Gov. Gavin Newsom’s chief economic adviser believes in Fresno.
As the California Economic Summit convened at the downtown Double Tree Hotel ballroom, an estimated 900 attendees from around the state listened to what makes Fresno tick. And holding it here is key for Lenny Mendonca.
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“It’s incredibly important that the Economic Summit is in places where the future of California is and representing both the opportunities and challenges in the state of California,” Mendonca said. “People are thirsting for real conversation about how do we move the economy forward in a way that is vibrant, inclusive, sustainable, and Fresno is the place that is pushing that conversation forward.
Agriculture, of course, is a significant driver in the region’s economy. At a panel session called “The Fresno Showcase,” Fresno Farm Bureau CEO Ryan Jacobsen succinctly summarized the formula for success in his industry and others.
Lee Ann Eager, CEO of the Fresno Economic Development Corporation, said more space is needed to develop industrial parks.
Other common themes, heard from former Fresno mayor — and current head of the Central Valley Community Foundation — Ashley Swearengin and others, were the three “bottom line E’s”: economy, environment, and equity.
At another presentation, a newly formed group called Fresno DRIVE (Developing the Region’s Inclusive and Vibrant Economy) unveiled its goal to see $4 billion invested in the Fresno area over the next 10 years. The plan calls for using the money in economic development, human capital, and neighborhood development, with an eye on racial equity.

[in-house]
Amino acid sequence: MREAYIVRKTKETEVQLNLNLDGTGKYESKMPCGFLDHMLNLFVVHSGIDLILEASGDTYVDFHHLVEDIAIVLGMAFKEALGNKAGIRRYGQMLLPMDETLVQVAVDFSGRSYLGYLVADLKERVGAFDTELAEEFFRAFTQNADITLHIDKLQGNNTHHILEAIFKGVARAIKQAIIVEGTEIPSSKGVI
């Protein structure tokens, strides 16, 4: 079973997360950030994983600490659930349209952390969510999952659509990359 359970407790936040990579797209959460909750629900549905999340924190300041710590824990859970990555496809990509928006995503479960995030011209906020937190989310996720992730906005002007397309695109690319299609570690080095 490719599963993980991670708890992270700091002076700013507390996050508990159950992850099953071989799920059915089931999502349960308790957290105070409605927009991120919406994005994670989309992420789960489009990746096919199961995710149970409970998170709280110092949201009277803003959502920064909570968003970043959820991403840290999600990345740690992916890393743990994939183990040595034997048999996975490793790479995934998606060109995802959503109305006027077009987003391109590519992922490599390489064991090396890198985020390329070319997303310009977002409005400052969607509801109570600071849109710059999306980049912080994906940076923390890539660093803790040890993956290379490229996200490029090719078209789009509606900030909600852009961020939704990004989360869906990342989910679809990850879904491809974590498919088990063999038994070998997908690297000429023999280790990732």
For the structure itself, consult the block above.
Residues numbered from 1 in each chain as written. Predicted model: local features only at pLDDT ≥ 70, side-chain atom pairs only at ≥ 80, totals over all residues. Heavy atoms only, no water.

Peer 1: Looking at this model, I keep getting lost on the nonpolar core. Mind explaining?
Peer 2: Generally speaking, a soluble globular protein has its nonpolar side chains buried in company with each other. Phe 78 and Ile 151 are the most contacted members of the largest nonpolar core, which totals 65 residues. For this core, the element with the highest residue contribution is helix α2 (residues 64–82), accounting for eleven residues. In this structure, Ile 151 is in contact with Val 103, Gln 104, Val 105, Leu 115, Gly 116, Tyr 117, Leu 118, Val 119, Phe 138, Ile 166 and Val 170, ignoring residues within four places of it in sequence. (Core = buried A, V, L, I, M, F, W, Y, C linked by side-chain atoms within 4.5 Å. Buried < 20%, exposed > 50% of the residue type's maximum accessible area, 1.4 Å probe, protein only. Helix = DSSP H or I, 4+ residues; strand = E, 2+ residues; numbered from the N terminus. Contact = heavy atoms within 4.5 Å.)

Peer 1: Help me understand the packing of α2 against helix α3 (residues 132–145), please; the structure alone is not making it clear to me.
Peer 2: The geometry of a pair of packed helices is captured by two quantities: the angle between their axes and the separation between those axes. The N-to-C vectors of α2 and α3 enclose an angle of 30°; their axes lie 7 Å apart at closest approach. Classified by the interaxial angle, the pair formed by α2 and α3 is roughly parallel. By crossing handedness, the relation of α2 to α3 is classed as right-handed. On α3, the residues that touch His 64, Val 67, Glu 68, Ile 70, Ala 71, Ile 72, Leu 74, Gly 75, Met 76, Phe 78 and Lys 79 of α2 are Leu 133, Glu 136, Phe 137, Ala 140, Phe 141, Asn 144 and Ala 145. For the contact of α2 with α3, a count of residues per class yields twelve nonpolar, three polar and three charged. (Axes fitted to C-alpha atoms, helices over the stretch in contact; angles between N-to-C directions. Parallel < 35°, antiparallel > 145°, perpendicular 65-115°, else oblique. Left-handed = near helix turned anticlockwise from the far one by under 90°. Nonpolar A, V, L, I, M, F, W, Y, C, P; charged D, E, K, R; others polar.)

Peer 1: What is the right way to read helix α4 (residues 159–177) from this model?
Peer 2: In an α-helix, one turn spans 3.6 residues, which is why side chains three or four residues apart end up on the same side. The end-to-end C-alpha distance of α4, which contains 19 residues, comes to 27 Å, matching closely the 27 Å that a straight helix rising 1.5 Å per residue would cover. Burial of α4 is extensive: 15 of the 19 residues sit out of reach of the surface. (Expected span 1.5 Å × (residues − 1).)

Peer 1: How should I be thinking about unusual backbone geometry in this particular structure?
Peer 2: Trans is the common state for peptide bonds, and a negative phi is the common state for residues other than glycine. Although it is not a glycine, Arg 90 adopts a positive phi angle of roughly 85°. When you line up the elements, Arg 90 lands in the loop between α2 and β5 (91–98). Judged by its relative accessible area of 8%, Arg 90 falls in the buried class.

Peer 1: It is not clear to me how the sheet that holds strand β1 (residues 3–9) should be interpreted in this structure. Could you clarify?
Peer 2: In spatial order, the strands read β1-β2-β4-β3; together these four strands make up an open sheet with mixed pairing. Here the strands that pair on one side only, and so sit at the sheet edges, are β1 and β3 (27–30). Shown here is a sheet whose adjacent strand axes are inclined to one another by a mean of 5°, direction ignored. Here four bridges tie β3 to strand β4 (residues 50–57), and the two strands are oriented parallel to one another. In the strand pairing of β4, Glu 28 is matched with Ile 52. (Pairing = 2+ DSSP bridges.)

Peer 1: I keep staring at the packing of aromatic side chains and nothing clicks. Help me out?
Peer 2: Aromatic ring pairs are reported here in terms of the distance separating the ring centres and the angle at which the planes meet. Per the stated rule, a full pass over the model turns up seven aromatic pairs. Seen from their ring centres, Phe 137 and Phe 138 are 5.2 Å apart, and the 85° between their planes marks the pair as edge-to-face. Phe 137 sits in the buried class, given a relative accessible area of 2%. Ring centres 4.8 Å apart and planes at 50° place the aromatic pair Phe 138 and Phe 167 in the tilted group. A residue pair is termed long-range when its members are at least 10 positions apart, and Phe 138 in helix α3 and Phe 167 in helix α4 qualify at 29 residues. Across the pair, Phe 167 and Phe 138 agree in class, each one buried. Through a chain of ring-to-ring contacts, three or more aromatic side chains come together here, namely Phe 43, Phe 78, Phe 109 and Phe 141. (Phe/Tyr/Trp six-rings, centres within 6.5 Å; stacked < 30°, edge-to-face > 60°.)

However, where the $4 billion comes from is still being discussed.
Fresno is Telling Its Story
Micah Weinberg, CEO of California Forward — the group responsible for the summit — hopes that booking the event in Fresno will place a focus on how state policy impacts the economies of the various regions.
“it’s really difficult to know about the different regions, if you don’t go to the different regions,” Weinberg said. “(Fresno) is really telling its story to the rest of the state through this event.”
“There’s no silver bullet. It has to be a combination of economic development, human capital investment, and ensuring we are connecting the community so the growth that happens is more inclusive in creating opportunities for everyone.” — Lenny Mendonca, Governor’s Chief Economic Adviser
“There’s no silver bullet. It has to be a combination of economic development, human capital investment, and ensuring we are connecting the community so the growth that happens is more inclusive in creating opportunities for everyone.”
Weinberg said the summit is having a positive economic impact on Fresno, at least in the short term.
“We are hitting a lot of the local restaurants and breweries,” Weinberg said. “We just really appreciate the extent to which Fresno has embraced all this.”
$13 Million for Volunteers
At the summit, the governor’s office announced a $13 million investment in the San Joaquin Valley for volunteerism. The money will help fund AmeriCorps, and also offer $10,000 educational scholarships for those who volunteer for a year.
“The governor is very interested in figuring out how we mobilize and engage all California in tackling some of our pressing issues,” Josh Fryday, California’s Chief Service Officer said.
The money was set aside in last year’s budget.
Governor Speaks Friday
Newsom will address the summit in person Friday at 10:30 a.m.
According to a news release from his office, Newsom “will discuss initiatives to strengthen economic growth and inclusion across California communities, and his administration’s commitment to inland regions through the work of his Regions Rise Together initiative.”
His speech will be live-streamed at this link.
The governor is scheduled to appear at a fundraising event for Congressman Jim Costa (D-Fresno) at a private residence tonight.